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Analysis, background reports and updates from the PBS NewsHour putting today's news in context.

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    HARI SREENIVASAN: A wave of bombings across Iraq killed at least 15 people today. Dozens more were wounded. The deadliest incident took place east of Fallujah. A suicide bomber targeted anti-al-Qaida Sunni fighters as they were being paid. Six people died there. The attacks continued a surge of sectarian violence that erupted in late April.

    In economic news, the Federal Reserve warned there's evidence that budget cuts and the resumption of higher Social Security taxes are restraining growth. It said it will continue its stimulus measures for now. The Fed statement helped drag Wall Street lower. The Dow Jones industrial average lost nearly 139 points to close below 14,701. The Nasdaq fell 29 points to close at 3,299.

    April was a good month for car and truck sales, the best in six years, in fact. Ford's U.S. sales rose 18 percent, while both Chrysler and General Motors saw an 11 percent increase. A rebound in pickup truck sales led the way for the Detroit automakers, partly due to rising demand from home builders and other businesses.

    President Obama today nominated a new overseer for two mortgage lending giants and a new chief regulator of the telecommunications industry. North Carolina Democratic Congressman Melvin Watt was the choice to lead the Federal Housing Finance Agency, which governs mortgage giants Fannie Mae and Freddie Mac. Tom Wheeler, a former cable and wireless industry lobbyist, was selected to head the Federal Communications Commission.

    The president announced the nominations at a White House ceremony with both men by his side.

    PRESIDENT BARACK OBAMA: Mel has led efforts to rein in unscrupulous mortgage lenders. He has helped protect consumers from the kind of reckless risk-taking that led to the financial crisis in the first place, and he has fought to give more Americans in low-income neighborhoods access to affordable housing.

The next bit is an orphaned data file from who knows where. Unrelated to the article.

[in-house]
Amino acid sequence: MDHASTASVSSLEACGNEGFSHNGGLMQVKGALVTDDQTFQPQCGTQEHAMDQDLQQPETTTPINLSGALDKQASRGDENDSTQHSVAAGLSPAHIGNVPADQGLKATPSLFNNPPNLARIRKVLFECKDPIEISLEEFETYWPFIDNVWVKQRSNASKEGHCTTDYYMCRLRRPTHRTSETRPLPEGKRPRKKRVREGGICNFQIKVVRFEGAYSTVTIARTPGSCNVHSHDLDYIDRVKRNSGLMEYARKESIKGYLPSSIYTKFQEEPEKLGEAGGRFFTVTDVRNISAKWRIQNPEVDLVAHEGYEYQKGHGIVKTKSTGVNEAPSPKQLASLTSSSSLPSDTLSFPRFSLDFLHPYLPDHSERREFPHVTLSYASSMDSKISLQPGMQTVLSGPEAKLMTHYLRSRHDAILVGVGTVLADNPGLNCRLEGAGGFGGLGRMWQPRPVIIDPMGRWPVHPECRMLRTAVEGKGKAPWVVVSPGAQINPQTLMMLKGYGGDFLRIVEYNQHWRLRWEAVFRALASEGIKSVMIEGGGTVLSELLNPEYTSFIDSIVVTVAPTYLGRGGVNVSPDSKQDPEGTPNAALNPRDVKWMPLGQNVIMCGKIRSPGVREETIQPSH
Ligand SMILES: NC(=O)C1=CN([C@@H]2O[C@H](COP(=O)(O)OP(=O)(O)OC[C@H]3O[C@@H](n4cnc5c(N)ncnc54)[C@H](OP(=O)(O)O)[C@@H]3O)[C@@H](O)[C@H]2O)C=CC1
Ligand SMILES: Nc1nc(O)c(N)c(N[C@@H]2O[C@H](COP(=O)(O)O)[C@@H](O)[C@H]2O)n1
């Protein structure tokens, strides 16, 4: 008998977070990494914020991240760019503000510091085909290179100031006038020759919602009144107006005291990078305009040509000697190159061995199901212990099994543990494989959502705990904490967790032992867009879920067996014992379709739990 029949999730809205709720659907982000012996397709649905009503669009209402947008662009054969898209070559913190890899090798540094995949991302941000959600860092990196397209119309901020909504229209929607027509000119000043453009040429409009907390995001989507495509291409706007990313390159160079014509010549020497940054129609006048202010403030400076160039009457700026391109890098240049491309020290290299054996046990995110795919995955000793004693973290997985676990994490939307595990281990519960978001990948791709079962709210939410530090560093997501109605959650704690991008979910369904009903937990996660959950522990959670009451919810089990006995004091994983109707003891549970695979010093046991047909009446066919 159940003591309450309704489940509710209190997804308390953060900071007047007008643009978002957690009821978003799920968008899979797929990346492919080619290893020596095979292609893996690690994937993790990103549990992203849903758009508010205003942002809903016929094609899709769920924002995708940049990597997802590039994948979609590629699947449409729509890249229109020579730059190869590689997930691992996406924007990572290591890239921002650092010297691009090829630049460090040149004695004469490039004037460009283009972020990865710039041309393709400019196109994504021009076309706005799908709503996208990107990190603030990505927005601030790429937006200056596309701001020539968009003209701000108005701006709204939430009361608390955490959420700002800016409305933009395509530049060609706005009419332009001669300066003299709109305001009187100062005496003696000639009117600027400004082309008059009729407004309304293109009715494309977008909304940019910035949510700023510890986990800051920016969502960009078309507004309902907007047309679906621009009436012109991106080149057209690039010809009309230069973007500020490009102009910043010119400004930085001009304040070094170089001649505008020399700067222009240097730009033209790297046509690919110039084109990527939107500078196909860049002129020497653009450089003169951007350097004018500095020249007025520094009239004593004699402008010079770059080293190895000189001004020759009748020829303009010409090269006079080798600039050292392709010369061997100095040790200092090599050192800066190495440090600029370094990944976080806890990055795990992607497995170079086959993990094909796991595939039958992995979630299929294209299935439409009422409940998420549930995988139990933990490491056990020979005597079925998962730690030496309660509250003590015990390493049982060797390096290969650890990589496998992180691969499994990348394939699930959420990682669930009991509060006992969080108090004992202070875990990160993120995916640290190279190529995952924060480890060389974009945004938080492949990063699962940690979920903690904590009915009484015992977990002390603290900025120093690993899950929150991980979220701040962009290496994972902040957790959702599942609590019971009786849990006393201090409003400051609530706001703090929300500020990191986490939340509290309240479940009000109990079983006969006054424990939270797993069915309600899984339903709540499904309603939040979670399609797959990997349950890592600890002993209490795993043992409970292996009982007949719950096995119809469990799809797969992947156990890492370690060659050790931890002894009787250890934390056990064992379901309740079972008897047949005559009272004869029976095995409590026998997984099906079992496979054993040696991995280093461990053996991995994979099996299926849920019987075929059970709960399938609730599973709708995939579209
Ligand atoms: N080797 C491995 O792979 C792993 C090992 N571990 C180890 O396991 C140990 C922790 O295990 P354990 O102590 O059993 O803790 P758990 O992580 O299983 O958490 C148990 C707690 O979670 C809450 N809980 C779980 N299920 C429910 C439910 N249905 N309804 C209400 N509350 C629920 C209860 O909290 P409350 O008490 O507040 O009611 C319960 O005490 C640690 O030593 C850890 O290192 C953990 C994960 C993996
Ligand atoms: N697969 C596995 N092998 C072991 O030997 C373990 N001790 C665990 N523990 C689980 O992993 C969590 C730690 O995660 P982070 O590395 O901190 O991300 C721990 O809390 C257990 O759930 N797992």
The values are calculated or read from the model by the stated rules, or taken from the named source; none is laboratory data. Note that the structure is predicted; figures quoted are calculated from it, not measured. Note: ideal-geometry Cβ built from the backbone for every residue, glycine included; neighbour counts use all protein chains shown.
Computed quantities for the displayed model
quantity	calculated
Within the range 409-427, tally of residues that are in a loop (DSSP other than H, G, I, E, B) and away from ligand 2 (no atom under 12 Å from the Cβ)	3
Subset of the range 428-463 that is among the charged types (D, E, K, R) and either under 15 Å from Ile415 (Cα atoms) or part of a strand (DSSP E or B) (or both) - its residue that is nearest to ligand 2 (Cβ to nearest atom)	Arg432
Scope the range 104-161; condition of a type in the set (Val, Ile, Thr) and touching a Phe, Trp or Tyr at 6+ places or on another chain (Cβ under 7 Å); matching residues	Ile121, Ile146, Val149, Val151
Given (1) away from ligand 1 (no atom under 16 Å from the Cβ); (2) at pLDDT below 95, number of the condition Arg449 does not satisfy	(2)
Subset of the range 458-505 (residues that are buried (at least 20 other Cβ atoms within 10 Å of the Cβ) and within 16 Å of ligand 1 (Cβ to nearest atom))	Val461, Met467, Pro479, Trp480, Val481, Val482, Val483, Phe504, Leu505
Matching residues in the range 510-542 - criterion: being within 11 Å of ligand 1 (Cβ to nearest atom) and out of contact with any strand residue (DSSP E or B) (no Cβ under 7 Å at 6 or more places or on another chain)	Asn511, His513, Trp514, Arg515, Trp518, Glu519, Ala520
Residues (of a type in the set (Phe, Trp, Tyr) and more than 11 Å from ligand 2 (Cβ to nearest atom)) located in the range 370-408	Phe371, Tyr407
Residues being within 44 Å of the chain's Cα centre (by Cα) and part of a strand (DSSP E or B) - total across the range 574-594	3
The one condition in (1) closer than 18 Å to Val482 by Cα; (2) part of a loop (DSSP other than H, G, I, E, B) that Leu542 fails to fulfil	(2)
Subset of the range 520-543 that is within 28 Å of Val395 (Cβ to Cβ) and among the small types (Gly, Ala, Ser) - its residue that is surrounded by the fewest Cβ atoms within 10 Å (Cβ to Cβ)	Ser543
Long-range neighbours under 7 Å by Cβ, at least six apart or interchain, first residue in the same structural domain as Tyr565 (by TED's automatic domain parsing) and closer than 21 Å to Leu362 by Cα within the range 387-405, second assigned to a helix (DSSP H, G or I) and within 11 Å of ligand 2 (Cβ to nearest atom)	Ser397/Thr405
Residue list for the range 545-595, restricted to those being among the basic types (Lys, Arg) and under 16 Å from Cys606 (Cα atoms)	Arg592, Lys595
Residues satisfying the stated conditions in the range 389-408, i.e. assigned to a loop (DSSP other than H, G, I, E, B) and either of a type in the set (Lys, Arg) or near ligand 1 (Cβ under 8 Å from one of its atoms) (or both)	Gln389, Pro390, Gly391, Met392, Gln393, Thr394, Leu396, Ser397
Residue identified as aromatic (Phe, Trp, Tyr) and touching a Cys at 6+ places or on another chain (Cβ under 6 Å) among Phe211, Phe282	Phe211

For more than 30 years, Tom has been at the forefront of some of the very dramatic changes that we have seen in the way we communicate and how we live our lives. He was one of the leaders of a company that helped create thousands of good high-tech jobs.

    HARI SREENIVASAN: The two nominations are subject to Senate confirmation.

    Thirty-two mentally disabled men in Iowa won a jury award of $240 million dollars today from a defunct Texas firm. Starting in the 1970s, the men worked at a turkey processing plant. Investigators testified they were held in virtual enslavement. They were housed in a rundown, rat-infested bunkhouse and paid just $65 dollars a month. The conditions were discovered in a 2009 inspection.

    A veteran congressman and a former Navy SEAL will face each other in the race for a U.S. Senate seat in Massachusetts. Rep. Ed Markey won the Democratic nomination in yesterday's primary, and Gabriel Gomez won a three-way Republican primary. They are vying for the Senate seat vacated by John Kerry when he became secretary of state. The election will be held eight weeks from now, on June 25th.

    Those are some of the day's major stories -- now back to Judy.

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    JUDY WOODRUFF: And we turn to a growing pushback against economic austerity measures here and in Europe. The day started with several big protests abroad, as citizens complained their governments are cutting spending too severely.

    European capitals filled with May Day crowds protesting austerity measures that are meant to bring down sky-high government debt. In Athens, Greek union workers went on strike against proposed layoffs of public employees.